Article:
Patients coming out from the OR following a thoracotomy for either wedge resection or lobectomy usually have 2 chest tubes placed. They are both pleural tubes. One is positioned posteriorly and curved toward the base of the lung for drainage of blood that collect in the dependent lung area. The second one is positioned anteriorly toward the lung apex for evacuation of air that have been introduced during the surgery.
These tubes usually meet via a Y-connector that is attached to a pleur-evac system. The surgeons where I work have different preferences as far as applying wall suction to the pleur-evac. Two of them keep suction applied the night following surgery and then places the pleur-evac to water seal the next day if there is no air leak. The other one leaves the pleur-evac on water seal immediately post-op.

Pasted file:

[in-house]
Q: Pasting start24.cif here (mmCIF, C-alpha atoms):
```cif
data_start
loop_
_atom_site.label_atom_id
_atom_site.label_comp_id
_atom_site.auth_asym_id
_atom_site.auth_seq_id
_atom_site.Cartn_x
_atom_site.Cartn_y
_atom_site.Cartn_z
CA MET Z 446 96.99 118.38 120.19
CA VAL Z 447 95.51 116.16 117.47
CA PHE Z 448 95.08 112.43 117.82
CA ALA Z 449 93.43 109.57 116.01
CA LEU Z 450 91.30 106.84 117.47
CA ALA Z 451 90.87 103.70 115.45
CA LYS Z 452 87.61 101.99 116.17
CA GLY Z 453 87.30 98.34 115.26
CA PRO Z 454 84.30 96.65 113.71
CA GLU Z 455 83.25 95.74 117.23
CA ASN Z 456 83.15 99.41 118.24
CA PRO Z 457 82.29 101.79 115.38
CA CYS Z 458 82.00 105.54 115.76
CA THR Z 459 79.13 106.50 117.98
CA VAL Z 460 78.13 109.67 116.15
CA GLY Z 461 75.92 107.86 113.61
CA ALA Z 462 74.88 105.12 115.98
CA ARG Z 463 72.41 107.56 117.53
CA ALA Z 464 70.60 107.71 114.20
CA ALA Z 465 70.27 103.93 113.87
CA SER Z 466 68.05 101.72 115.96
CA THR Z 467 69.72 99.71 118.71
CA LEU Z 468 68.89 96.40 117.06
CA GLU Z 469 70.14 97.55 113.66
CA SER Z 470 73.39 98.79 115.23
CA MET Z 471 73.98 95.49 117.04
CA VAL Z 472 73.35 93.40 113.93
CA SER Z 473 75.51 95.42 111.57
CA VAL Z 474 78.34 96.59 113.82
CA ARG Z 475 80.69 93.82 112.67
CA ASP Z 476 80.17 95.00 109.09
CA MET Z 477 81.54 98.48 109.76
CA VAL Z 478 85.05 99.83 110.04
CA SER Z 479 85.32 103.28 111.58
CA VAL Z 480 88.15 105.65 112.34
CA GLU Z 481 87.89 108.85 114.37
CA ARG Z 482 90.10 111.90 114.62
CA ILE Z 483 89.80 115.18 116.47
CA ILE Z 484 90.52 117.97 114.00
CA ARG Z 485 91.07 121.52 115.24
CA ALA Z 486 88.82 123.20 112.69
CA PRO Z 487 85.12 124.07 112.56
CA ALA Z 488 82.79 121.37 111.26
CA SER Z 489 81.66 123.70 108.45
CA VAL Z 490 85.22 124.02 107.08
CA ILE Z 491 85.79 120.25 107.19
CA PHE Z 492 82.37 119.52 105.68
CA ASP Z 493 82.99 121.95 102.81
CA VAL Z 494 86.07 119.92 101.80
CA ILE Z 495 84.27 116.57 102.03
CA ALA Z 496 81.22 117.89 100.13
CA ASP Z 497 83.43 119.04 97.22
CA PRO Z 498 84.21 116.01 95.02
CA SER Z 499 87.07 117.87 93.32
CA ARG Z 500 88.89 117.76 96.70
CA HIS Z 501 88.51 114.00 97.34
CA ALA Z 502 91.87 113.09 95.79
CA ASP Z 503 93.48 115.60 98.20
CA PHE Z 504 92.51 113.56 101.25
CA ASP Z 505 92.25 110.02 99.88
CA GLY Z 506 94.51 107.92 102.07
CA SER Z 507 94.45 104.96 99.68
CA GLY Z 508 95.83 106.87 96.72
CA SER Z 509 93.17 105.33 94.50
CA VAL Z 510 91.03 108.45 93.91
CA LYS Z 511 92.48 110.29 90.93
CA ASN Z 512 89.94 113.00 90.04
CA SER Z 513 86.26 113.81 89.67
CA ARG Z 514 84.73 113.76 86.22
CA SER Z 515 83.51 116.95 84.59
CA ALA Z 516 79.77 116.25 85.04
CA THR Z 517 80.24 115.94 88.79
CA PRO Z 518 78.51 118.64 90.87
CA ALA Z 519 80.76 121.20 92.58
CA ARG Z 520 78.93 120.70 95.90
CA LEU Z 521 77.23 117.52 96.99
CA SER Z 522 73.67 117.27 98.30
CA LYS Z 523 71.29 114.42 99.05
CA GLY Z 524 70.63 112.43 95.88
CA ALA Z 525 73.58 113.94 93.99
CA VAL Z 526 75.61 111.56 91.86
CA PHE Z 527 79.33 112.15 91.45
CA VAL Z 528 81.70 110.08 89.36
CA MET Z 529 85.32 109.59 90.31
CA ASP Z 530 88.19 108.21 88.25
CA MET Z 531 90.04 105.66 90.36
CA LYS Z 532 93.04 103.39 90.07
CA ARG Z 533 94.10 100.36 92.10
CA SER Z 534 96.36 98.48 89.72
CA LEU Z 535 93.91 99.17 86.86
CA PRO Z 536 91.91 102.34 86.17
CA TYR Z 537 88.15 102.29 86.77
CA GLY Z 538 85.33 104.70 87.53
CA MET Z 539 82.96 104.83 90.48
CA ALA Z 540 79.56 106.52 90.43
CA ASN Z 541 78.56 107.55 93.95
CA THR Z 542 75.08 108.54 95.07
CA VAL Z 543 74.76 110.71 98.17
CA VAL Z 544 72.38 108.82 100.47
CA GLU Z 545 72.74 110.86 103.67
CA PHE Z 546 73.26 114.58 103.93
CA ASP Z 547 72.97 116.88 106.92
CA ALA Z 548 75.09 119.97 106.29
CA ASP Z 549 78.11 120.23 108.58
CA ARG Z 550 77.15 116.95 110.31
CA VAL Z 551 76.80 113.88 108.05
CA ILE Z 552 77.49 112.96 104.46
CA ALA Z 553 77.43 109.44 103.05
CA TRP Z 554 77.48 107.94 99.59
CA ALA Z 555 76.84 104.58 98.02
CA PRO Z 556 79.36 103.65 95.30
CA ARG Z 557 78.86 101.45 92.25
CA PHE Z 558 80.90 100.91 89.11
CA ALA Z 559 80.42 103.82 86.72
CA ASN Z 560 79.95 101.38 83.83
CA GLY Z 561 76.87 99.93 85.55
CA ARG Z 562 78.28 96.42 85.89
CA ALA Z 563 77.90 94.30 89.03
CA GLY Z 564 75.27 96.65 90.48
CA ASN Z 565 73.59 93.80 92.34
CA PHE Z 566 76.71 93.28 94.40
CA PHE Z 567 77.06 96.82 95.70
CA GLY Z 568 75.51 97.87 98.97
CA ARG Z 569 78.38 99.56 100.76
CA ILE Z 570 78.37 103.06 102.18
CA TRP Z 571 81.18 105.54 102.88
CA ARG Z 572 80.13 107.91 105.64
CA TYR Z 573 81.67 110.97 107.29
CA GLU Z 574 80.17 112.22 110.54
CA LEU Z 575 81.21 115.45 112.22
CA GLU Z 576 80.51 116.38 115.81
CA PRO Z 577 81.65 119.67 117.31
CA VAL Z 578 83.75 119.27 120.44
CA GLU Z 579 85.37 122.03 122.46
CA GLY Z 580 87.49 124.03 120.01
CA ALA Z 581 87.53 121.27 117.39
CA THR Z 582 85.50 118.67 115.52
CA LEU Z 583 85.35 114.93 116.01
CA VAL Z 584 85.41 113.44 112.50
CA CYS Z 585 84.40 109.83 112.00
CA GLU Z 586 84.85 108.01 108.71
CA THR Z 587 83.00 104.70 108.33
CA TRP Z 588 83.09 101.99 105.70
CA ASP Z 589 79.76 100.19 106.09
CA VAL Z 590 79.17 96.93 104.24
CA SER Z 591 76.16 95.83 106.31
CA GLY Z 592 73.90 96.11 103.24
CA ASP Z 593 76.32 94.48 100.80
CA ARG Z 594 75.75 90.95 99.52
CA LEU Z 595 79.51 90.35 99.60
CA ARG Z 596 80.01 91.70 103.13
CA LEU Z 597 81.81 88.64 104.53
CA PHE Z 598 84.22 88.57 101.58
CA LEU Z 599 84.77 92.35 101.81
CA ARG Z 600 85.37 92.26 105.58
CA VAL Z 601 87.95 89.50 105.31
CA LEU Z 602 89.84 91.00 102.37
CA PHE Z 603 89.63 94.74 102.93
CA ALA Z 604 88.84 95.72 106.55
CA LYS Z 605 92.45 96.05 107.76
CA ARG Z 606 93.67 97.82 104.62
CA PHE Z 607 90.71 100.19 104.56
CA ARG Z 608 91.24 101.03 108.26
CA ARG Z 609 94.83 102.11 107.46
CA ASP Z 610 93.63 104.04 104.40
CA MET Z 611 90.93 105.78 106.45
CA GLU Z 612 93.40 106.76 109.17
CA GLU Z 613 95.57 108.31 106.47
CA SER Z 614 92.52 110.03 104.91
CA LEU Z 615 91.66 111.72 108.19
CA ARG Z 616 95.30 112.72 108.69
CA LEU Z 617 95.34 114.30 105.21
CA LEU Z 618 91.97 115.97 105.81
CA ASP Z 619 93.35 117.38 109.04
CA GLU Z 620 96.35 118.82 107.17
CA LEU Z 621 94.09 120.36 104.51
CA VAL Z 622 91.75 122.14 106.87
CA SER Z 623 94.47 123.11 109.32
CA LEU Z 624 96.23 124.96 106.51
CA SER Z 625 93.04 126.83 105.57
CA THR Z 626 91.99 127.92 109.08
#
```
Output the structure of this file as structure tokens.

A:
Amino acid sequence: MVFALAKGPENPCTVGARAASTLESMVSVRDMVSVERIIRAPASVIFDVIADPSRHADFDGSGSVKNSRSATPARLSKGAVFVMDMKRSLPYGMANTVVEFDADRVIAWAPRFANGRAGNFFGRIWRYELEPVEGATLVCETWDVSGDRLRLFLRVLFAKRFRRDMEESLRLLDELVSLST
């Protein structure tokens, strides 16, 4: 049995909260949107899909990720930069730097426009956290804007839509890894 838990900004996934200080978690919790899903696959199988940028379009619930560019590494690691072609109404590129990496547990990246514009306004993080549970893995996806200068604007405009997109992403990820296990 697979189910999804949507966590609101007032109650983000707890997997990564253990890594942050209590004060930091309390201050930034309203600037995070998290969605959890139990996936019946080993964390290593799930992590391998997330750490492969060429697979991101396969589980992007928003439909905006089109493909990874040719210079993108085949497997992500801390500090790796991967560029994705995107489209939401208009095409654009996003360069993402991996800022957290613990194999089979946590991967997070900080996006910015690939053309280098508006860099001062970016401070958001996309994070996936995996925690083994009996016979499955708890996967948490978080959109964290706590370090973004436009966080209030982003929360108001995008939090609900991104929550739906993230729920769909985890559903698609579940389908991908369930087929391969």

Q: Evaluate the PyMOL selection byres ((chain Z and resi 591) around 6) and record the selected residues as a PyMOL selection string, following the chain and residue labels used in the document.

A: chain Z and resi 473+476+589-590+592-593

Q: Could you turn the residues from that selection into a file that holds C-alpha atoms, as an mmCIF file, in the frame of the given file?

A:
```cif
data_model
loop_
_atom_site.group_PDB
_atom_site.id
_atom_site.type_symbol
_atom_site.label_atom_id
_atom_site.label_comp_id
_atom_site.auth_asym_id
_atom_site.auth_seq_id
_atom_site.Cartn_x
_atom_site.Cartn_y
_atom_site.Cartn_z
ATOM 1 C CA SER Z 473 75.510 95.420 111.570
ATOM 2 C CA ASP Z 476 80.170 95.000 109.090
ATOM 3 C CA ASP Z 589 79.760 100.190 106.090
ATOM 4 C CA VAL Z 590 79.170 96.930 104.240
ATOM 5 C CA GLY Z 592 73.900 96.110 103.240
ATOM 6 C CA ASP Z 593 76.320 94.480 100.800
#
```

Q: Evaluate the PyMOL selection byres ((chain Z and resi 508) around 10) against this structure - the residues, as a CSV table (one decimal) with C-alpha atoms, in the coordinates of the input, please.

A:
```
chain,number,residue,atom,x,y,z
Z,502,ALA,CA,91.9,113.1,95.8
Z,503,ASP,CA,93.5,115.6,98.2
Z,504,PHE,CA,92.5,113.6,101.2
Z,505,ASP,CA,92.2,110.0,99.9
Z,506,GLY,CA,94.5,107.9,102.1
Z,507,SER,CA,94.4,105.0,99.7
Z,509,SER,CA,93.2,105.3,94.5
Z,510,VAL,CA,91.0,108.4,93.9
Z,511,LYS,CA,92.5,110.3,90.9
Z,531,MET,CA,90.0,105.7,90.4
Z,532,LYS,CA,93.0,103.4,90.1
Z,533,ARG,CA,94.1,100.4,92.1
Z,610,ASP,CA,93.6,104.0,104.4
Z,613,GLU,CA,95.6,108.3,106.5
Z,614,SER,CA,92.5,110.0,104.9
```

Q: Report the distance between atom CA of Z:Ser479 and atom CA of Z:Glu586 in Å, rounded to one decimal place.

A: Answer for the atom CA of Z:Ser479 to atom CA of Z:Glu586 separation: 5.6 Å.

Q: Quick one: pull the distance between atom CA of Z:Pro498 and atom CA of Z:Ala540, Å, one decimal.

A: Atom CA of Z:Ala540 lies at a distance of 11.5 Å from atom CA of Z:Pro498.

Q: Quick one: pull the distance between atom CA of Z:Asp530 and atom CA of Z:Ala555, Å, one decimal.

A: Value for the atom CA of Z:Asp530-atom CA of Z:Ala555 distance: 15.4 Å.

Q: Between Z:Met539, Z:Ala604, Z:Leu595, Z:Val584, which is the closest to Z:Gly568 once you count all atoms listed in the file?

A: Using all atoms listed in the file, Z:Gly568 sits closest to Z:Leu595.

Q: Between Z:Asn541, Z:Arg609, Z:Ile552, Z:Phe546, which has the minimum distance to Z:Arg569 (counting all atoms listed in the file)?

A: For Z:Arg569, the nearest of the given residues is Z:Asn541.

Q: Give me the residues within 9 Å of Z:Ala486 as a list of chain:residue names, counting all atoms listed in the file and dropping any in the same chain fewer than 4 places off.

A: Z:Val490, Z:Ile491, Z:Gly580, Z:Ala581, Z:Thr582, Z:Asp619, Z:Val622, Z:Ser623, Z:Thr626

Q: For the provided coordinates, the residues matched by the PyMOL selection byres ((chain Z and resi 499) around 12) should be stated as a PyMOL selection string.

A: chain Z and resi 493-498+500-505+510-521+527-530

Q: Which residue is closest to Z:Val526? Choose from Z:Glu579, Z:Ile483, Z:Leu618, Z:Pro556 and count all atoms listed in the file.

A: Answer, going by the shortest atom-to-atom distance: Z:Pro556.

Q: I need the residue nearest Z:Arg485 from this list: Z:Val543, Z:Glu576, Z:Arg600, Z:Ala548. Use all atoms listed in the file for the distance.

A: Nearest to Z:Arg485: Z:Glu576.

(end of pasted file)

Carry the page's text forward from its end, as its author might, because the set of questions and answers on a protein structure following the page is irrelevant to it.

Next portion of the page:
After surgery, the affected lung usually compensates by filling up the space where the tissue was removed by shifting of the mediastinum, elevation of hemidiaphragm, and narrowing of intercostal spaces on the affected side. However, there are instances when a pneumothorax persists after surgery. I would suppose the surgeon would prefer to keep the pleur-evac on suction if this is the case to facilitate emptying of that air. However, if the size of the air-filled space is not considerably large, no further surgical intervention is needed as this should resolve in time.